by Linda Ray
The Mavericks brought a rousing good time to the Fox Theatre on Thursday, March 21. Was it reckless, too?
Less than a minute into the opening song, “Back in Your Arms Again,” the single from the Mavericks' 2012 release, In Time, as most audience members leapt to their feet, clapping and dancing, Fox Theatre security, in vivid stop-light yellow shirts, caused an attention-grabbing ruckus, rushing to either end of a center orchestra row, with flashlights blazing. All eyes turned from the stage.
Malo quit playing and the band stopped half a beat later. “I need you to get out of the room,” Malo hollered to the hapless security men. “I need you to get out of the room or I'll stop playing.” The crowd seemed stunned into silence and Malo went on, “I need people to be able to get up and move around.” as the audience caught on and began cheering he shouted the last words “... and do whatever the fuck they want!”
Security had a clear choice: leave the room or start a riot. They disappeared, and the great dance party continued through three more songs in the the Mavericks' trademark rockin' western-Latin-50's rock catalog. But by a few bars into “Pretend” the aisles and stage front were thick with dancers. Security muscle re-emerged from their hiding places to “rescue” all and sundry.
Malo, his physical substance having grown over the years to more about equal the stature of his music, stopped the band again and strode quickly to the edge of the stage for a higher-octane conversation, arms waving, with the security chief, and then with the venue manager. Dancers held their ground; and a sustained roar filled the hall.
Officials eventually departed red-faced, and as Malo strapped on his guitar again, he muttered into the microphone, “Security. I'm security.” And so he seemed. Likely not a soul in that crowd would be willing to provoke him.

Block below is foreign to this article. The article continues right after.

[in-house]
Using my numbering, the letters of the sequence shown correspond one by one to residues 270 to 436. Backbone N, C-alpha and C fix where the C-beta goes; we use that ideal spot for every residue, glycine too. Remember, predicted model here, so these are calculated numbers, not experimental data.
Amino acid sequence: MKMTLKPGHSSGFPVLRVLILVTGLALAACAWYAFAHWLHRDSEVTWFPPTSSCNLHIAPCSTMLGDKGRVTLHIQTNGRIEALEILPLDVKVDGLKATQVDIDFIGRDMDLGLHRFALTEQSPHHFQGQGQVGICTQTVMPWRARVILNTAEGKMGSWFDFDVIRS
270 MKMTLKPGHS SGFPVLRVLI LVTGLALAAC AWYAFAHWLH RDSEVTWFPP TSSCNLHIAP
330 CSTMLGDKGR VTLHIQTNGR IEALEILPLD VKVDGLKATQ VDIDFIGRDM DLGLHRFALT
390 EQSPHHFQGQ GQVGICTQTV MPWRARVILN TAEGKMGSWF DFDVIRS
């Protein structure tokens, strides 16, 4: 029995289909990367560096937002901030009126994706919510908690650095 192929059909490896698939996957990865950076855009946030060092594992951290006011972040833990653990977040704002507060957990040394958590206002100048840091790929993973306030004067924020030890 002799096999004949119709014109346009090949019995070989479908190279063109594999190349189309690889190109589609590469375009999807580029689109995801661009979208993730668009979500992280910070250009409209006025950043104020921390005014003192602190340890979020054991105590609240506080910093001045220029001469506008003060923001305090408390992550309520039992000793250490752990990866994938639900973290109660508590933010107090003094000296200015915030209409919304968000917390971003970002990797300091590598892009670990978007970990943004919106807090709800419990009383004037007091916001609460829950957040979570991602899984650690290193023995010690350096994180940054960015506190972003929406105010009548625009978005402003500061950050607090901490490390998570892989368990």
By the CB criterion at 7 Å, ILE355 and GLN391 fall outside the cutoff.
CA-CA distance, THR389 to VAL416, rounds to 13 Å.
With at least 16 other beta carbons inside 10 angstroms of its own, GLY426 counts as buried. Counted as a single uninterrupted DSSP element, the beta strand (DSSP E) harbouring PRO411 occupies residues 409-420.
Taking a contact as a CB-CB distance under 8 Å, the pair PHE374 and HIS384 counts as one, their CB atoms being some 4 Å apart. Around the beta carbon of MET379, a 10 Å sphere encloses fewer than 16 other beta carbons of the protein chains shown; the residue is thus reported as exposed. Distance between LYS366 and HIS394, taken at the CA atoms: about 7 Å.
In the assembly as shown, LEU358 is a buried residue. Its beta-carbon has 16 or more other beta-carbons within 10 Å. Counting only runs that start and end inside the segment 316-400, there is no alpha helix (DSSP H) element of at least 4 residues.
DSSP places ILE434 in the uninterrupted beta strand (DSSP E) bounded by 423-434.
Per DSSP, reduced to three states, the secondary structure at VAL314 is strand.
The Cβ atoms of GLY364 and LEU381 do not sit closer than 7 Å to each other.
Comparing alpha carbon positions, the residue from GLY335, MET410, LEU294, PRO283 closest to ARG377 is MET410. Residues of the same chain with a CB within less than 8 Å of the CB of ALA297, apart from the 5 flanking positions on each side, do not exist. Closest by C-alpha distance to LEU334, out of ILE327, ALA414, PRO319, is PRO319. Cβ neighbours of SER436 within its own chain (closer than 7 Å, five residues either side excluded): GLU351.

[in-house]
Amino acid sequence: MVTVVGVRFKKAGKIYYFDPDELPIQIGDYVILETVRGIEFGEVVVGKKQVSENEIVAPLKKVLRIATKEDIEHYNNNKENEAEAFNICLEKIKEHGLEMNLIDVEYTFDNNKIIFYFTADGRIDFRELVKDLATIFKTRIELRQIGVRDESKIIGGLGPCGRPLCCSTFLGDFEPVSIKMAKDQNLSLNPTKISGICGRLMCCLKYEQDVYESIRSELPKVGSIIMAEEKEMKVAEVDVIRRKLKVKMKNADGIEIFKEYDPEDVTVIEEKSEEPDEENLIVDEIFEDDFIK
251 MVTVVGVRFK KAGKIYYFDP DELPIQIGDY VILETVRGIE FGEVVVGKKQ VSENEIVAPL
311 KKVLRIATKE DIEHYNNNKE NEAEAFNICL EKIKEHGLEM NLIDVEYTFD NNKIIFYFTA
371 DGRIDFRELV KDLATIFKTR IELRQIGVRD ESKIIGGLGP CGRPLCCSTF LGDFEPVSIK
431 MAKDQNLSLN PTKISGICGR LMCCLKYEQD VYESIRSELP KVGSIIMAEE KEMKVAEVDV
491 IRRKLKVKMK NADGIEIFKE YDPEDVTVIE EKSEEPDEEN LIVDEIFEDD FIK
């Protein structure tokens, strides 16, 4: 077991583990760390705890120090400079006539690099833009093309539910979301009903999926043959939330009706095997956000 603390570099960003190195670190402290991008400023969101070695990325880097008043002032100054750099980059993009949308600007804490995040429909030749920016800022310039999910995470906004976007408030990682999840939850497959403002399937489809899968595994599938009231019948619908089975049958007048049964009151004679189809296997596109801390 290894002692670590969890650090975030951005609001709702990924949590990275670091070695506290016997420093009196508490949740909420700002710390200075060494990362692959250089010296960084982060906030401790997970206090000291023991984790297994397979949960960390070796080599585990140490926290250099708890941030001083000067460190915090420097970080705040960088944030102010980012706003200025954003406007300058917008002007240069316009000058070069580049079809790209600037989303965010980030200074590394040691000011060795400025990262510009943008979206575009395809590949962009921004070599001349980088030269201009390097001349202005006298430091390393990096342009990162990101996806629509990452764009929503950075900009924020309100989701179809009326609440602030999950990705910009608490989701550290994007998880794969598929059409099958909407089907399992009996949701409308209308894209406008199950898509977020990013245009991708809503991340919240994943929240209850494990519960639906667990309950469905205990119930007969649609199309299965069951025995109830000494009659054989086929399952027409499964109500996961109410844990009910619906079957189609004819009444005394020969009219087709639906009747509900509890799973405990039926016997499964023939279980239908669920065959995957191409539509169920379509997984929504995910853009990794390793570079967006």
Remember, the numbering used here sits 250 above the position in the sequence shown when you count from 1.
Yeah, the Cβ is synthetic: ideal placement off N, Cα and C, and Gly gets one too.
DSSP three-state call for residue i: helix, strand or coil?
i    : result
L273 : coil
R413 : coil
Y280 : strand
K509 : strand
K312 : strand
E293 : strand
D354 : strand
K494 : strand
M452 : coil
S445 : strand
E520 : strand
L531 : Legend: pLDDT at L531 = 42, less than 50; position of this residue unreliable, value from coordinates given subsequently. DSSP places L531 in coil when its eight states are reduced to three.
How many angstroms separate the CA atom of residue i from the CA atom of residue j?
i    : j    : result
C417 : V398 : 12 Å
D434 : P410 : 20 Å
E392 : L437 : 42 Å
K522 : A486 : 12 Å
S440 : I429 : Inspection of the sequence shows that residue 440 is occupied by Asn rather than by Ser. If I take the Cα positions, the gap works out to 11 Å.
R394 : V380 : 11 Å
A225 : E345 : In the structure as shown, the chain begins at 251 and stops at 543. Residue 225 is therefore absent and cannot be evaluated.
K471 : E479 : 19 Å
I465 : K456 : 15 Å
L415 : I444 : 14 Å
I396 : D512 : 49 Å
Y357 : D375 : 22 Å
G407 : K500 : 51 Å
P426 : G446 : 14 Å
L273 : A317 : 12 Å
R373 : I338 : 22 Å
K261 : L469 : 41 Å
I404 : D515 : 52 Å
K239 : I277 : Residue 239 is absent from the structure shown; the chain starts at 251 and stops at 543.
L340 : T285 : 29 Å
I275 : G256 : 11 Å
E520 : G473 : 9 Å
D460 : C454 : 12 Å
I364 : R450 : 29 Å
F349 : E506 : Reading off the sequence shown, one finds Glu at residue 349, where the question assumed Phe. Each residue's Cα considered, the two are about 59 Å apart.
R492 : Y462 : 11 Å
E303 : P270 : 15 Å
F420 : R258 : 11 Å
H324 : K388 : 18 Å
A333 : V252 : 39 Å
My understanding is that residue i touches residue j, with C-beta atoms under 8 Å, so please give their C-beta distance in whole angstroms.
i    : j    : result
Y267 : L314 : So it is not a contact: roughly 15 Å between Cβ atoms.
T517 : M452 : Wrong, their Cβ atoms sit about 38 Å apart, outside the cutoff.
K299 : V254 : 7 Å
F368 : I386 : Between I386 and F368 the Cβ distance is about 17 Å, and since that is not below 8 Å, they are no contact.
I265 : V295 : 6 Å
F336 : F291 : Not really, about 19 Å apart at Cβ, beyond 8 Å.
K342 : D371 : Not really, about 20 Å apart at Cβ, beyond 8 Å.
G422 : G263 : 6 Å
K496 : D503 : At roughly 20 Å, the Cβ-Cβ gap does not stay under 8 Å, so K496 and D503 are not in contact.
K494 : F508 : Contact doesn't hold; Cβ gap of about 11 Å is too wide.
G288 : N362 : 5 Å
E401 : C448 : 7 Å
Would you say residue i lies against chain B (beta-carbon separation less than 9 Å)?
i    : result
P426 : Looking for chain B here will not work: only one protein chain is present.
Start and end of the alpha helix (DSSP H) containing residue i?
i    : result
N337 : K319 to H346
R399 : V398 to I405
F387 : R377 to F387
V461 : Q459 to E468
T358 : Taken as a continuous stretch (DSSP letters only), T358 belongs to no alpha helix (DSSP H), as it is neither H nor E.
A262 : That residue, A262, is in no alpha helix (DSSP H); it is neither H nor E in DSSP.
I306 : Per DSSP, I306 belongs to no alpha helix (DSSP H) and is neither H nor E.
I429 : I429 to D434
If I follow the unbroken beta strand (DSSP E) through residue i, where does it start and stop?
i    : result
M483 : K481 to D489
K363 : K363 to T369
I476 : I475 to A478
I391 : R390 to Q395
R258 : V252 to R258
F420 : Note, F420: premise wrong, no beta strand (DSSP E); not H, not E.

The band romped through “What a Crying Shame,” but after “I've Got This Feeling” and before “O What A Thrill” Malo made good on his word. “You've gotta behave now,” he told the crowd, grown restive again. And with an eye to a momentarily visible security guy, he said, “It's not your fault.”
After performing their global best-seller “Dance the Night Away” the band took a short break, but fans stayed in place. After a few minutes, Malo emerged for an acoustic set. “I'm gonna play some slow ones, now, so you can take a seat if you want and come back later.” Many took him up on it and listened, if not necessarily quietly, through “Here Comes the Rain,” “Sweet Dreams of You,” “Besame Mucho.” The full band came back for “Amsterdam Moon,” “Dance in the Moonlight,” “As Long As There's Loving Tonight.” With “Sway” and “Guantanamera” the party was on again, and from that point restrained only by happiness and respect for a band of madly talented musicians who love a good time as much as the fans.
And for the rest of the show, the finally discreet presense of the Fox security team helped make sure it was a safe good time.